Where I see the meshnet going

I have been talking to more people on IRC, and it occurred to me that many people do not have a clear idea about where Project Meshnet is heading.  I should have expected this, given how many new users are showing up, but I did not.  So, this (hopefully brief) post will outline where I envision Project Meshnet will be in the future.  I don’t know whether I should expect this to happen in five years, ten years, or one year; just this path will lead to the most success.

Step 1: Meshlocals

Meshlocal: a local group, normally in a city, that funds and builds a wireless meshnet.  ex: The Seattle Meshnet Project; The Maryland Meshnet Project

Step one: start building area-wide wireless meshnets.  It is likely that these will be marketed as alternatives to the area’s ISPs.  Right now, both the Seattle Meshnet Project and the Maryland Meshnet project are working to design, fund, and build these networks.

As a member of the Seattle Meshnet Project, I can speak more to our progress than the progress in Maryland at the moment.  Currently, we are starting to set up our first nodes, and are planning to set up more nodes this summer (once college finals are over, that is).  If we can obtain sufficient funding (which we are working on), we should have a large working network within a year.  This network will host it’s own services, give access to wider hyperboria services, and, for a small fee, provide gateways to the “real” internet, or “clearnet” as we call it.

After seeing the success of the Seattle and Maryland projects, other cities will join.  I would give this some time to happen, so by the time it does we will have worked out many of the technical details about how to run a city-wide mesh network.

Step 2: Connect to other cities

After many cities have mesh networks up and running, we will start making connections between cities.  Initially, we will probably pay for bandwidth from companies that run physical cables between cities.  However, the eventual goal would be to pay for and build Project Meshnet exclusive infrastructure.  Please realize that the first part, buying bandwidth, is still a ways away, and building our own connections is even further off.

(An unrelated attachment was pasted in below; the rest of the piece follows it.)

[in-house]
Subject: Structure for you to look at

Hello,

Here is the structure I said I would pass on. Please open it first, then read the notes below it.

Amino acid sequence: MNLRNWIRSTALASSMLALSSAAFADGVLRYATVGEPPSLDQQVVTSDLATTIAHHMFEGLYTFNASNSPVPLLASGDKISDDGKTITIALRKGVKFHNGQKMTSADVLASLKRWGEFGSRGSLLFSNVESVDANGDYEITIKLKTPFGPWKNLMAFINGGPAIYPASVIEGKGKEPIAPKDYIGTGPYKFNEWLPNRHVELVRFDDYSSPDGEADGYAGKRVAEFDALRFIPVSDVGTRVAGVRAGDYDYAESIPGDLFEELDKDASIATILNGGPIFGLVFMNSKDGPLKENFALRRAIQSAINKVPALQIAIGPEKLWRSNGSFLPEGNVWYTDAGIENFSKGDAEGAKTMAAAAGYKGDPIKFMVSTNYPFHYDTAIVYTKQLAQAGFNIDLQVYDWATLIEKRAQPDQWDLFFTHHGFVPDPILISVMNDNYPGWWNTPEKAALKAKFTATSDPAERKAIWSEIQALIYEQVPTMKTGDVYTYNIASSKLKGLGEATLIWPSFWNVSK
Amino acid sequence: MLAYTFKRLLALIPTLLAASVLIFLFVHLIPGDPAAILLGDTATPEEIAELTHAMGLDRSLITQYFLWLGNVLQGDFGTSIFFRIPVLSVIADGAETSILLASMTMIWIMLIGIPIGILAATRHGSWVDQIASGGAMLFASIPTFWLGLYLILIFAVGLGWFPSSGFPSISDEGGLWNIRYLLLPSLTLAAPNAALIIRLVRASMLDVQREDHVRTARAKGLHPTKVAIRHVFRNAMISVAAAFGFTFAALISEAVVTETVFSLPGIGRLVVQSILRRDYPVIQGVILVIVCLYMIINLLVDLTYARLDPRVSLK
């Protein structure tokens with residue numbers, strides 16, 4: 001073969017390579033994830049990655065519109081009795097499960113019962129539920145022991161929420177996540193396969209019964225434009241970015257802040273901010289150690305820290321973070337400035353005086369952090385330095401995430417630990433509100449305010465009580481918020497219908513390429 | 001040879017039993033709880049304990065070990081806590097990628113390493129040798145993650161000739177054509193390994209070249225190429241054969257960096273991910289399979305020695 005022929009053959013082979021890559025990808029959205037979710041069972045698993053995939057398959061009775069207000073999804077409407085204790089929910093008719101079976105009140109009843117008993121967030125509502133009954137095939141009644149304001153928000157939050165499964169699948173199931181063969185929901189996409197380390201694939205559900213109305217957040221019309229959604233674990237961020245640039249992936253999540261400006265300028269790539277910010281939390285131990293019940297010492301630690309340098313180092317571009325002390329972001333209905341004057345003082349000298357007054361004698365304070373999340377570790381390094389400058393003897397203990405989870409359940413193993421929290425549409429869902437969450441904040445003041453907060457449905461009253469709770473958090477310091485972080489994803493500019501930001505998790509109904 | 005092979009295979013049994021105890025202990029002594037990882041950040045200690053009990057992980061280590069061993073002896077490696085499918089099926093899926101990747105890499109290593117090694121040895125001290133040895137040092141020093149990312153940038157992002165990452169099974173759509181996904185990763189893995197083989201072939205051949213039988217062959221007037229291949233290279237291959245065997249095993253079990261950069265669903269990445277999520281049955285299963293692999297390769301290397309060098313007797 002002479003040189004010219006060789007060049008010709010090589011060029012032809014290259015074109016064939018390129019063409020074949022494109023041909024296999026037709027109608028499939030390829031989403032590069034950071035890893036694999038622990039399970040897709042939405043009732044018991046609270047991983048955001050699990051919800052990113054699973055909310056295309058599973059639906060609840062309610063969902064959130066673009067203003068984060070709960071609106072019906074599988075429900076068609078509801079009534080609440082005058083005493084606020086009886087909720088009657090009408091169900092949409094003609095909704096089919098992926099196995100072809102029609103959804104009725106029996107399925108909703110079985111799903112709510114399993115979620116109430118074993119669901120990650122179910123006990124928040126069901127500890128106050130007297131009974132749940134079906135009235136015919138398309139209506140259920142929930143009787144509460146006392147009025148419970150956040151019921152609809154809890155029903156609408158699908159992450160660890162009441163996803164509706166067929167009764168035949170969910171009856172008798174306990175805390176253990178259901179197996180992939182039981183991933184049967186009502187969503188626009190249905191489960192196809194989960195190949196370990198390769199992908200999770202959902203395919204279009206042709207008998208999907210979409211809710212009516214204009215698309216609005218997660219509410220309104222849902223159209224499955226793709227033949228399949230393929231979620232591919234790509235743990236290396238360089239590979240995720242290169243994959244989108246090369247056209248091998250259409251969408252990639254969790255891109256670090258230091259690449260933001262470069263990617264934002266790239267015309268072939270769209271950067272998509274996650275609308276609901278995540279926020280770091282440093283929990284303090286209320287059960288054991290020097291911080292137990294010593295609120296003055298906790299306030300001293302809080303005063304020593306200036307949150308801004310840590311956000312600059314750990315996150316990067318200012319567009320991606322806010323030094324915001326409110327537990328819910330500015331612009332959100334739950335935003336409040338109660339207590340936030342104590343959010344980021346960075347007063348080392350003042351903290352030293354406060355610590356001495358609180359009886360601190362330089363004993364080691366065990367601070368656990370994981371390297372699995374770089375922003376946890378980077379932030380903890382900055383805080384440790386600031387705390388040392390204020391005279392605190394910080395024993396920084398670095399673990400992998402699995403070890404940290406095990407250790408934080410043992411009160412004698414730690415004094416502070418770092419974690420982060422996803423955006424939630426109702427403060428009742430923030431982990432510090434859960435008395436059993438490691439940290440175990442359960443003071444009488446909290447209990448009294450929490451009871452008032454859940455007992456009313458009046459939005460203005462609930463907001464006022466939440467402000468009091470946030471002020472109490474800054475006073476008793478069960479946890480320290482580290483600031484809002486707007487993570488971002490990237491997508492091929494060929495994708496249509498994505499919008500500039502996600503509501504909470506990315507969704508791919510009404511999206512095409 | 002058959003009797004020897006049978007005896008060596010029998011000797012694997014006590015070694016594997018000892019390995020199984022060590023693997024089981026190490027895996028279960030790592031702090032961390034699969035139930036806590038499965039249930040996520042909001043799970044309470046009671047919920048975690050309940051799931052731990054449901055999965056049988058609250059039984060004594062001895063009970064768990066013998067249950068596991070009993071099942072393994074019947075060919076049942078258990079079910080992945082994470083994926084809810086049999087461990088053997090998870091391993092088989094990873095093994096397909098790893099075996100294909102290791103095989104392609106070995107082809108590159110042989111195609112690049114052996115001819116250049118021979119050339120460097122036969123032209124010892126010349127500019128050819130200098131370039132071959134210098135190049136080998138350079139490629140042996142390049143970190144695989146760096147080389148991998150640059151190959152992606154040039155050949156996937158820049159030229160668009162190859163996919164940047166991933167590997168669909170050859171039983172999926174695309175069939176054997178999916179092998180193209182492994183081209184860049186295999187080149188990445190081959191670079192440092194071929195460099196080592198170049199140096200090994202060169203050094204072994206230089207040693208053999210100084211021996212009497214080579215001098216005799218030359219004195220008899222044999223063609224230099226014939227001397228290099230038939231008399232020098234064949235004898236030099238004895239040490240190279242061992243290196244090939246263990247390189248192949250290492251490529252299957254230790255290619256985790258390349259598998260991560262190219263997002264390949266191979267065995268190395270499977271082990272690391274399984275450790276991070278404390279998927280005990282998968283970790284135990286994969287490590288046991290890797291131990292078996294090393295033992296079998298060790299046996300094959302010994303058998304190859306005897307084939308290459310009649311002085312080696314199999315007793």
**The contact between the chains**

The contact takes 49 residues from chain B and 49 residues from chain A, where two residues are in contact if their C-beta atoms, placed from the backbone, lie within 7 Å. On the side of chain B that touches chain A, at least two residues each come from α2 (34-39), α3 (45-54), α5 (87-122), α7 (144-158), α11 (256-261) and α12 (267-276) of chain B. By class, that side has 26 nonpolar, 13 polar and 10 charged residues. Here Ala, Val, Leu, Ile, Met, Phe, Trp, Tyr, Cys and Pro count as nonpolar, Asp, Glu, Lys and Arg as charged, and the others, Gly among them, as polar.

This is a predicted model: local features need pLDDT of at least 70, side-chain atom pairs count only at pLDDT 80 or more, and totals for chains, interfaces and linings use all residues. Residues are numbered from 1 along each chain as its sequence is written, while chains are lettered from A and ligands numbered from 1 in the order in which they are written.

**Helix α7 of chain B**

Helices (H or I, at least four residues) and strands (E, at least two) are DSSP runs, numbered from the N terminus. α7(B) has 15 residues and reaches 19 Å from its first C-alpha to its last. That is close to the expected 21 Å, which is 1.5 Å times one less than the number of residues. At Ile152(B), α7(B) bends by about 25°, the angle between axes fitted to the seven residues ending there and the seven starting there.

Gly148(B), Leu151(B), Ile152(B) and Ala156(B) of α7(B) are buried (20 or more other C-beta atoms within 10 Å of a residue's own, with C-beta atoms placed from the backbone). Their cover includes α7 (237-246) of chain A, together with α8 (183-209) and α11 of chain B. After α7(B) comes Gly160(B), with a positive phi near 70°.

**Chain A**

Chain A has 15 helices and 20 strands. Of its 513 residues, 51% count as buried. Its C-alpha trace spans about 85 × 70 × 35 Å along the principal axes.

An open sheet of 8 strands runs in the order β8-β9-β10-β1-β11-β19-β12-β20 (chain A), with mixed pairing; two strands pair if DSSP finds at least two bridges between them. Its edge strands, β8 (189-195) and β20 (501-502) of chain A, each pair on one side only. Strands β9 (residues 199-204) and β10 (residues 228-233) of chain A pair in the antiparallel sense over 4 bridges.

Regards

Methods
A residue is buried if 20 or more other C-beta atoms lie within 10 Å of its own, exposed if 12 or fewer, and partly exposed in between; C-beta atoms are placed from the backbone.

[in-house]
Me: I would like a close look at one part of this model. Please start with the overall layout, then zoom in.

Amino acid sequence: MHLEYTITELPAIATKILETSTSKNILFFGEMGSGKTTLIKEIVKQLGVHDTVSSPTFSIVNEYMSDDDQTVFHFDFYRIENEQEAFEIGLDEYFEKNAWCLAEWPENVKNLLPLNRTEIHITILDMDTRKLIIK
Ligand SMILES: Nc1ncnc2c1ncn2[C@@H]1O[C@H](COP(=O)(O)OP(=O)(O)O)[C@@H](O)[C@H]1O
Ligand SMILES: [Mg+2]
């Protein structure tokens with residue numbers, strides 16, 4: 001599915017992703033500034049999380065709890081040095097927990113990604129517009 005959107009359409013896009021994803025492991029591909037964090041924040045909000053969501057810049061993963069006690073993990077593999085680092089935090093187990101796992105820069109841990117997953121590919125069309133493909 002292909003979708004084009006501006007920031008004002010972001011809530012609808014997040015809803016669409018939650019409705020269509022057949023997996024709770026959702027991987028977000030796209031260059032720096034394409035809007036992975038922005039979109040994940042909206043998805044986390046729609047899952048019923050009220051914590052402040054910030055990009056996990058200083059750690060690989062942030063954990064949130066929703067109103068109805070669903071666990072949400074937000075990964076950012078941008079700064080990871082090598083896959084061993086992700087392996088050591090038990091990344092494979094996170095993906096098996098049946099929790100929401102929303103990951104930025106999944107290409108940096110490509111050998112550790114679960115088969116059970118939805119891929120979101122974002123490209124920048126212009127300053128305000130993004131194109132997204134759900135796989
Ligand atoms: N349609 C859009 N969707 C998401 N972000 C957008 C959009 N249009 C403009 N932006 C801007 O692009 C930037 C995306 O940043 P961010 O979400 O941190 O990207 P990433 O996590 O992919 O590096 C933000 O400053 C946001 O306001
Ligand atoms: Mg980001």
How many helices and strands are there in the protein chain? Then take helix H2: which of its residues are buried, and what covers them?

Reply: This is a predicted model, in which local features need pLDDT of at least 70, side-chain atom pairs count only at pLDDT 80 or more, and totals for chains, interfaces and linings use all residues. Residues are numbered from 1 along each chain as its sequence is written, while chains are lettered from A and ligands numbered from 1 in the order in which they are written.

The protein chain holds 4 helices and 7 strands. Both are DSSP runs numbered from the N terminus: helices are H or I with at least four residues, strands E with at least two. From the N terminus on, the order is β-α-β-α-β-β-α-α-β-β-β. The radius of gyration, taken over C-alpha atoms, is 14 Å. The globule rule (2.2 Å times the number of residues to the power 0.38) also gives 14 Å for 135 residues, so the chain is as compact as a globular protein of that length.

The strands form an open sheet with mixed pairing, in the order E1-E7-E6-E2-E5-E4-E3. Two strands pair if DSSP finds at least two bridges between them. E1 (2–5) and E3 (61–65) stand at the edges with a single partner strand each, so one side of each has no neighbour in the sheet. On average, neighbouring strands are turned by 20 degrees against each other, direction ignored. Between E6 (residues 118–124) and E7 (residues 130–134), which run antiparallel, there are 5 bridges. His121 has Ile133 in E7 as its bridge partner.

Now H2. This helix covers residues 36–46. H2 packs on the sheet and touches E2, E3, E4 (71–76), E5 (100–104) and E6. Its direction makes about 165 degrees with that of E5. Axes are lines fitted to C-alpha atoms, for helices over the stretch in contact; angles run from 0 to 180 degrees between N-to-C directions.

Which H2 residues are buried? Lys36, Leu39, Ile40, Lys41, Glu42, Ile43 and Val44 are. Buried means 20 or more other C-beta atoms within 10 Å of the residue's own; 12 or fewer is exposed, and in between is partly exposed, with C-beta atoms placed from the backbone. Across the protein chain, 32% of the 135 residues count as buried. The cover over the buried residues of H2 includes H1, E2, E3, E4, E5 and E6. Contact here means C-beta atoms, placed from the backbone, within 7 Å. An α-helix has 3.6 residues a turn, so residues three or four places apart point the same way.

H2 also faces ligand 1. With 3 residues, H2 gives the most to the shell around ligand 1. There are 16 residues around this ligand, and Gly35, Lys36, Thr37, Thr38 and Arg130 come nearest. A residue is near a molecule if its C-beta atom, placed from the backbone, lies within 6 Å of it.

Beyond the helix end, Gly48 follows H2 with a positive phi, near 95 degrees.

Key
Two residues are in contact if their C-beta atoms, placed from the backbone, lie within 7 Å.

Before we can do anything on that large of a scale, we first need some sort of payment system.  I have talked about that in previous posts, so I am not going to go any further into it tonight.

Step 0: Get people involved

Wait, step zero?  Yes, before either of the previous two steps are realized, we need people to help.  Help can come in many forms: you can join your local group, or start one if your area doesn’t have one.  Everyone can stop by IRC and at least learn more about what we’re planning.  If you are a programmer, contribute to any of our hyperboria projects, or cjdns itself.  Or start your own project.  If you are not very technically savvy, help spread awareness.  If you are to busy but have a few spare bitcoins, we also need donations to pay for development, hardware, and advertising.

Anyone can help.

2 thoughts on “Where I see the meshnet going

  1. droid31337 says:

    Sincere question. While reading this post I thought “well that’s not very different from when some entrepeneur was starting an ISP/telco in my city back in the days”. So your overall plan is to build something, offer something and perhaps get paid for it. Seems OK.

    Once this meshnet gets to a certain size that lots of people in a big city are using them, what would be different from the original old centralized Internet? What are the safeguards?

    • bentley says:

      I think there are two big things that separate us from the old internet.
      First is that the current plan is for everything to be non-profits, with the goal of creating a decentralized, secure mesh network rather than making money.
      Second, the hardware is not owned by a central company, like it is now. Almost all the hardware is owned by the users, meaning if you don’t like what you’re neighbor is doing (either they’re downloading cp or their trying to charge to much to route traffic), you can just de-peer and send traffic around them.

      Also, even if my first point fails, and for-profit companies come in and start making money, it isn’t as big of a deal as it is with the current internet. The decentralized nature of the network (with everyone owning their own hardware) makes it almost imposable to gain a monopoly (without some form of government interference, that is).

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